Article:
Wednesday, April 17, 2019

Partisan Hypocrisy: At Least the Right Wing is Less Stupid About It

Democratic would-be presidential candidates Beto O'Rourke and Pete Buttigieg have been floating plans to Make America Suck Slightly Less by bringing back slavery -- sorry, "mandatory national service" for young adults. The thing that baffles me most about these renewed calls for mandatory national service – and I know, this is basically a rehash of previous complaints I've made regarding “calls for gun control” and “calls for anti-hate-speech laws” – is this: both left- and right-wingers in America have a tendency to replace principles with partisan political hackery, but for all their hypocrisy, at least right-wingers are generally smart enough to ONLY call for increased government power when “their guys” are in charge: we've all known people who (for example) supported every government power-grab under G.W. Bush, rediscovered their “small government, personal liberty” principles within nanoseconds of Obama taking the oath of office, then re-abandoned said principles when Trump took over.

Not the left wingers, though. During the Bush/Cheney years they were all “Aargh! Bush and Cheney are turning this country into a fascist dictatorship!” (Pause.) “I wish those would-be fascist dictators would hurry up and confiscate everyone's guns, because agents of this fascist government I so fear are CLEARLY the only ones who can be trusted to own any means of self-defense.” And now? The left wingers are the ones calling for “mandatory service” or “the government should pass hate speech laws and decide what people can and cannot legally say.” Which would be cringeworthy enough coming from them if St. Obama the Trustworthy were still in the Oval Office – but FFS, how farking clueless do you have to be to think “Yeah, Trump is a terrible president – let's give him even MORE powers to wield! Surely Donald race-baiting 'Some of those Nazis are very fine people' Trump can be trusted to use hate-speech laws to ONLY go after bad guys, right? Surely Donald 'build the wall' Trump can be trusted NOT to abuse a mandatory workforce of millions of young able-bodied Americans, right?”

If you believe President Trump is destroying America (a belief I happen to share), then why in Zod's name would you want to give him even more powers to destroy America with?

Tuesday, March 12, 2019

A Supernaturally Awesome Business Opportunity

Atlanta has enough credulous residents (or tourists) that there exist actual businesses whose sole function is to give "ghost tours'" of allegedly haunted spots. I'd really like to ask one of those tour guides about the timeline required for the tragically dead to turn into a ghost -- local haunt-lore is all stories like "This spot is supposedly haunted by the spirit of a woman who died in the Civil War" or "the first black man murdered by a lynch mob in Georgia."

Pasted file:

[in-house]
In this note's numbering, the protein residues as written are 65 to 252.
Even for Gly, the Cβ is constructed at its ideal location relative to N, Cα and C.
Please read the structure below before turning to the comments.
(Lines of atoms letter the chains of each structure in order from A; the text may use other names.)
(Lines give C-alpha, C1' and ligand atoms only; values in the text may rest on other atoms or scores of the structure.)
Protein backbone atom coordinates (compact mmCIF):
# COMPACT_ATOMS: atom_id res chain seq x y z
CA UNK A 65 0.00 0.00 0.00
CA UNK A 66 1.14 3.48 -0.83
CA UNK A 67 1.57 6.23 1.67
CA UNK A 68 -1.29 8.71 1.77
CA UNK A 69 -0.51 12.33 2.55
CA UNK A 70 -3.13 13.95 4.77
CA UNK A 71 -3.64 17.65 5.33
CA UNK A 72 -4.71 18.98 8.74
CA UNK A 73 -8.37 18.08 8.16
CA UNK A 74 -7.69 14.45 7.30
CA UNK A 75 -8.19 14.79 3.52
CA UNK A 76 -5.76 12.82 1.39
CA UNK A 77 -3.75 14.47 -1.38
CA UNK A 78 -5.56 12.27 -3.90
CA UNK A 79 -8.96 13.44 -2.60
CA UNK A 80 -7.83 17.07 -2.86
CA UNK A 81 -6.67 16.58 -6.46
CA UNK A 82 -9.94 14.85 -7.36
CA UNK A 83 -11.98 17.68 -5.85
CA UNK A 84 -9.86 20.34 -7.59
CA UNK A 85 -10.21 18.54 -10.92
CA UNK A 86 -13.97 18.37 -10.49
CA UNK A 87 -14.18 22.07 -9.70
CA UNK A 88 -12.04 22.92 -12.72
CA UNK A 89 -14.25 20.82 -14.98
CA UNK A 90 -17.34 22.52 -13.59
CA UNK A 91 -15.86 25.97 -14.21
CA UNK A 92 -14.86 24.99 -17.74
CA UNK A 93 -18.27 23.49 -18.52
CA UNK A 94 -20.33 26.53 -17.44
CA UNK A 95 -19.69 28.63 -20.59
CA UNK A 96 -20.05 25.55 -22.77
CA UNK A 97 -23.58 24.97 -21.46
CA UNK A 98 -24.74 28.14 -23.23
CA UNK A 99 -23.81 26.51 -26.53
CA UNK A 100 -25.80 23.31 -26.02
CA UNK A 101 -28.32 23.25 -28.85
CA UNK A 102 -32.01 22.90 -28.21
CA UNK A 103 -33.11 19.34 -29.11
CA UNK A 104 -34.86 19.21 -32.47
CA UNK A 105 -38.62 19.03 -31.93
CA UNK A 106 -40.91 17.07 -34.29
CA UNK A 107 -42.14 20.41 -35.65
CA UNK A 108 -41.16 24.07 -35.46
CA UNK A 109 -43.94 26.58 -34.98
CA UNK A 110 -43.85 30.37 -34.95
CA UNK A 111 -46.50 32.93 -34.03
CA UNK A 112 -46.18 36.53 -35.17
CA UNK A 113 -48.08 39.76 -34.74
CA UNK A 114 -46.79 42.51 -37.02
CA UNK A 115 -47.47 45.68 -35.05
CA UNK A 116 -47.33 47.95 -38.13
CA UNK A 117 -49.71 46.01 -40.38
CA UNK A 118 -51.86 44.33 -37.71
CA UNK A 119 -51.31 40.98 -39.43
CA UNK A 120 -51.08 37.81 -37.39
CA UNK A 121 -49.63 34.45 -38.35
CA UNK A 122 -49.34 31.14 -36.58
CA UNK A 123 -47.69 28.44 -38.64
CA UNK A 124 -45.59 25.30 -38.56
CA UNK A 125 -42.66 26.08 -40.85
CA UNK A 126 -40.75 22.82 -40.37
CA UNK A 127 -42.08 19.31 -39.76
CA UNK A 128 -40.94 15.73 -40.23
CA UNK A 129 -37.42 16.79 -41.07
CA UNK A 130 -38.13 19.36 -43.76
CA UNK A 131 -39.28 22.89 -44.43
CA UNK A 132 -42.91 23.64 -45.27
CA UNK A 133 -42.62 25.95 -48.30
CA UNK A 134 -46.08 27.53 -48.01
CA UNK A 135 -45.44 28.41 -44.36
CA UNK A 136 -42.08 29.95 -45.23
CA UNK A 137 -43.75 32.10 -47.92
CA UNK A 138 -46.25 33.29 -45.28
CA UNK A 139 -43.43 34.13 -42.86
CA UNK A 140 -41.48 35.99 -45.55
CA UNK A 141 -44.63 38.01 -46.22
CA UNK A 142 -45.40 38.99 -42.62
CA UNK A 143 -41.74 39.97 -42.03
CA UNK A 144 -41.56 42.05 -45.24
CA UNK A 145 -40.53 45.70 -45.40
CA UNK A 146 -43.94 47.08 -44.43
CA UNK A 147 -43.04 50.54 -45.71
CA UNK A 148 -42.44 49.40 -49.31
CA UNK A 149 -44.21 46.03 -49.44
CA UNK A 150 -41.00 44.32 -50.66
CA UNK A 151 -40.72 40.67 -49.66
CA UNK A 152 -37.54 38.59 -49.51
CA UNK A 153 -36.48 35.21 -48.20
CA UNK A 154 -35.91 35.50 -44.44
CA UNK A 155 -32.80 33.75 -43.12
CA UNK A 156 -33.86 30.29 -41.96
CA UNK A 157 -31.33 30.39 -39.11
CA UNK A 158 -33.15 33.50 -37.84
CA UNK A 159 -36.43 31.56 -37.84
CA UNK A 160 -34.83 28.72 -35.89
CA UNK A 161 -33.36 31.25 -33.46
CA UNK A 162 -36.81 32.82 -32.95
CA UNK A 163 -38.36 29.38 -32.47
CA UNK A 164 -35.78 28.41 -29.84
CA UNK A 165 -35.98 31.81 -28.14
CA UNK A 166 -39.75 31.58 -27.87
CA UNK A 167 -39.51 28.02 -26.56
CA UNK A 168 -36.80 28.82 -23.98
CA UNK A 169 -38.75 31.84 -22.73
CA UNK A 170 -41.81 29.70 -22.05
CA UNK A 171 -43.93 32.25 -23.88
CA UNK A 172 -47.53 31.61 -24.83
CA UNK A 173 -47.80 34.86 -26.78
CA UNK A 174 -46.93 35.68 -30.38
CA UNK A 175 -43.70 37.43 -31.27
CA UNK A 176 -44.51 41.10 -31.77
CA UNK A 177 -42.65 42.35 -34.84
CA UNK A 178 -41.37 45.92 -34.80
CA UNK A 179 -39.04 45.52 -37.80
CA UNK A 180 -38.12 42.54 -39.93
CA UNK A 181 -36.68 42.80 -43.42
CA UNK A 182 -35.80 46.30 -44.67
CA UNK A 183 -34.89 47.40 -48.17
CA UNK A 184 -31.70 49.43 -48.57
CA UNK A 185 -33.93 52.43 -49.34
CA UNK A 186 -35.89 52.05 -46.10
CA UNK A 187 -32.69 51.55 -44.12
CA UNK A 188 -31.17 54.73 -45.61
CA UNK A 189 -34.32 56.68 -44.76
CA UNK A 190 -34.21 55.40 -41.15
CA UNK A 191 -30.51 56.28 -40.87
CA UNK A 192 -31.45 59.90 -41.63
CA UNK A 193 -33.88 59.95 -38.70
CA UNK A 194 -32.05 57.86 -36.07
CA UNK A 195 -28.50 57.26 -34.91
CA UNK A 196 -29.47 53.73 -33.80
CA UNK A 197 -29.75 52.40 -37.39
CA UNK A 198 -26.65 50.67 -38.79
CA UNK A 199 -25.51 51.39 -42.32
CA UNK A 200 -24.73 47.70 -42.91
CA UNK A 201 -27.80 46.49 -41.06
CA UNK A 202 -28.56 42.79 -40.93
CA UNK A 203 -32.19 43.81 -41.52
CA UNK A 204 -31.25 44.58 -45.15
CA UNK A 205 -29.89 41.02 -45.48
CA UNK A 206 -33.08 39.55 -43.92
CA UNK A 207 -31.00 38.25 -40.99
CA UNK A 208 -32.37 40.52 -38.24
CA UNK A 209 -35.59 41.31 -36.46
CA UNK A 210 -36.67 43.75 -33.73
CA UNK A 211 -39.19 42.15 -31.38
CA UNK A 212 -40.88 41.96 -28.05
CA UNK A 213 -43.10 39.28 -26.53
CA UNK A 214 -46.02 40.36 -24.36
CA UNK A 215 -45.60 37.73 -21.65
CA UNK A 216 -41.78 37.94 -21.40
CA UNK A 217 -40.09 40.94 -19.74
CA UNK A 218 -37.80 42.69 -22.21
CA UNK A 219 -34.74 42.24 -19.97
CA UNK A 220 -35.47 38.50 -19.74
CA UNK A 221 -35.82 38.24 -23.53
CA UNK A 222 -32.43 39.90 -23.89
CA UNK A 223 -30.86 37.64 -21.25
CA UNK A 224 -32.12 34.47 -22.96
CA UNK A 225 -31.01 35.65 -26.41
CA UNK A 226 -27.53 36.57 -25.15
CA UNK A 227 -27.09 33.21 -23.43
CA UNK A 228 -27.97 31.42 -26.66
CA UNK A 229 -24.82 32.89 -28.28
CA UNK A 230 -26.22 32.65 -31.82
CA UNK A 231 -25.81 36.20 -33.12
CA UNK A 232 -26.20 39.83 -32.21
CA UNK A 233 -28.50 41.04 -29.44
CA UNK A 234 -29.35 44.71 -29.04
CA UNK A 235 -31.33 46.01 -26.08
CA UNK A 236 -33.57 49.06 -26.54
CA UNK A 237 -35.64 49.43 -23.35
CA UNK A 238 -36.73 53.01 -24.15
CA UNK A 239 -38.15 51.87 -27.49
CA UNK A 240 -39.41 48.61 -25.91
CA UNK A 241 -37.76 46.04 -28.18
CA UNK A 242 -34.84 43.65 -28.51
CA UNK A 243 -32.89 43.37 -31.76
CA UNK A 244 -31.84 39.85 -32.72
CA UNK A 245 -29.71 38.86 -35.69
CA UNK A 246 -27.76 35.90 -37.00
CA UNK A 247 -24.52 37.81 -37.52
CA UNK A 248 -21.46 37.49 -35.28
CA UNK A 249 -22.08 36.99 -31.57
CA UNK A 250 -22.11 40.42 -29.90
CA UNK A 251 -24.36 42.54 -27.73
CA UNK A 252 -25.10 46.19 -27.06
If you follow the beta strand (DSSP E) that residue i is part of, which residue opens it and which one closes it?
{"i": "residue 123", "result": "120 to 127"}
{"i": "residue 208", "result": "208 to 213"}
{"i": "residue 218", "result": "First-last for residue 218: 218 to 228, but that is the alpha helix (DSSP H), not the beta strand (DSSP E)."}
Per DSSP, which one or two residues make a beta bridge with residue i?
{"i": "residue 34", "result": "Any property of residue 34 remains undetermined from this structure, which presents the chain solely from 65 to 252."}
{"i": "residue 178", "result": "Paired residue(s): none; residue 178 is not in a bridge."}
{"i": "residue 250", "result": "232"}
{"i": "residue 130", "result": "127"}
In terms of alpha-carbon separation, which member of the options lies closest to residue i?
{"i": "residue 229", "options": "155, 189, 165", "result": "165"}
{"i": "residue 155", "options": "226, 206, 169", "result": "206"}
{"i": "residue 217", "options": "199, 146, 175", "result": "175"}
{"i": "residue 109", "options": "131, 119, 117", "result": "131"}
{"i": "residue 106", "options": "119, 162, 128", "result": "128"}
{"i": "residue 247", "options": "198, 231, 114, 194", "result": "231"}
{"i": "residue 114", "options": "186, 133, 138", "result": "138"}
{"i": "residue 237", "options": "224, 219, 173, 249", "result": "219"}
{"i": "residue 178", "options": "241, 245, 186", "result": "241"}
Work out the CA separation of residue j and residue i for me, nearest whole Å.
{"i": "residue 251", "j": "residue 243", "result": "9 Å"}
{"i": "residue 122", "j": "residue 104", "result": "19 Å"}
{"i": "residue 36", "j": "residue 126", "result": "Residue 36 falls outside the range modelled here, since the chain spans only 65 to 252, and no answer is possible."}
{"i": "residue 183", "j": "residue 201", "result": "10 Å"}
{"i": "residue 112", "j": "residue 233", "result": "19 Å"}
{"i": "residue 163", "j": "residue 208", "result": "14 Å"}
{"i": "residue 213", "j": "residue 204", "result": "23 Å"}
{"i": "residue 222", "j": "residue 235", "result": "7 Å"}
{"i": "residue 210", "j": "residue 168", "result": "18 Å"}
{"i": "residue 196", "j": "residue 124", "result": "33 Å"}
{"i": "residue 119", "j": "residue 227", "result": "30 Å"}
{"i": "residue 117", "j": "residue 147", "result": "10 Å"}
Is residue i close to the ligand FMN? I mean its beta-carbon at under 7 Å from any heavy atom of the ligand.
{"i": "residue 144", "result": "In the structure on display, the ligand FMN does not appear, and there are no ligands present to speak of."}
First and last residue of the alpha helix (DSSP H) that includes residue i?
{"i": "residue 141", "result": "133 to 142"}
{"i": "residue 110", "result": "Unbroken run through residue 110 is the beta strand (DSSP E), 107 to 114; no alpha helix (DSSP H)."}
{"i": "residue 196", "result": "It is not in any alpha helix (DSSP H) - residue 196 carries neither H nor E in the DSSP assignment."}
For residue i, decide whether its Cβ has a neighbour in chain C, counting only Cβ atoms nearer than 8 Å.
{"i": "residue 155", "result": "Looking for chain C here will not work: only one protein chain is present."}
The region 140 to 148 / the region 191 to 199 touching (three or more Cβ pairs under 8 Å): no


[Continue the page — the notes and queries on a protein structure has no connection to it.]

None of them cover more recent tragedies, a la "Here there once stood a trendy nightclub where, in 1979, a man overdosed on cocaine snorted off a supermodel's bare ass while Donna Summer's 'Love to Love You Baby' played on the sound system. Some say that on cloudless nights when the moon is full you can still hear his voice, talking very very VERY fast and saying 'Oh my god darlin' you're so hot and I really really wanna do you but I'm having trouble getting it up right now you think you can lend me a hand sweetheart Jesus CHRIST but you are FINE my wife doesn't understand me BARTENDER gimme a shot of Glenlivet for the li'l lady here...."

Wednesday, March 06, 2019

Personhood in Alabama (women are silly slutty cattle edition)

An Alabama judge has ruled that a fetus is a "person," in the specific context of letting an Alabama man sue the clinic where his ex-girlfriend had an abortion without his consent. Silly slutty women, thinking their bodies belong to themselves rather than to whichever man most recently stuck his dick into them!
An Alabama county court recognized an aborted fetus as a plaintiff in a lawsuit Tuesday, opening a new chapter in the fight for reproductive rights in the United States.

Madison County probate court Judge Frank Barger allowed Ryan Magers to name the fetus his girlfriend had aborted as a co-plaintiff in his case against Alabama Women's Center. 

The judge's decision to establish an estate for the fetus, allowing the suit to move forward, came four months after the passage of Amendment 2 by voters in a state referendum last November. The law, which passed by 18 percentage points, gives fetuses the same legal rights held by a person under the state constitution.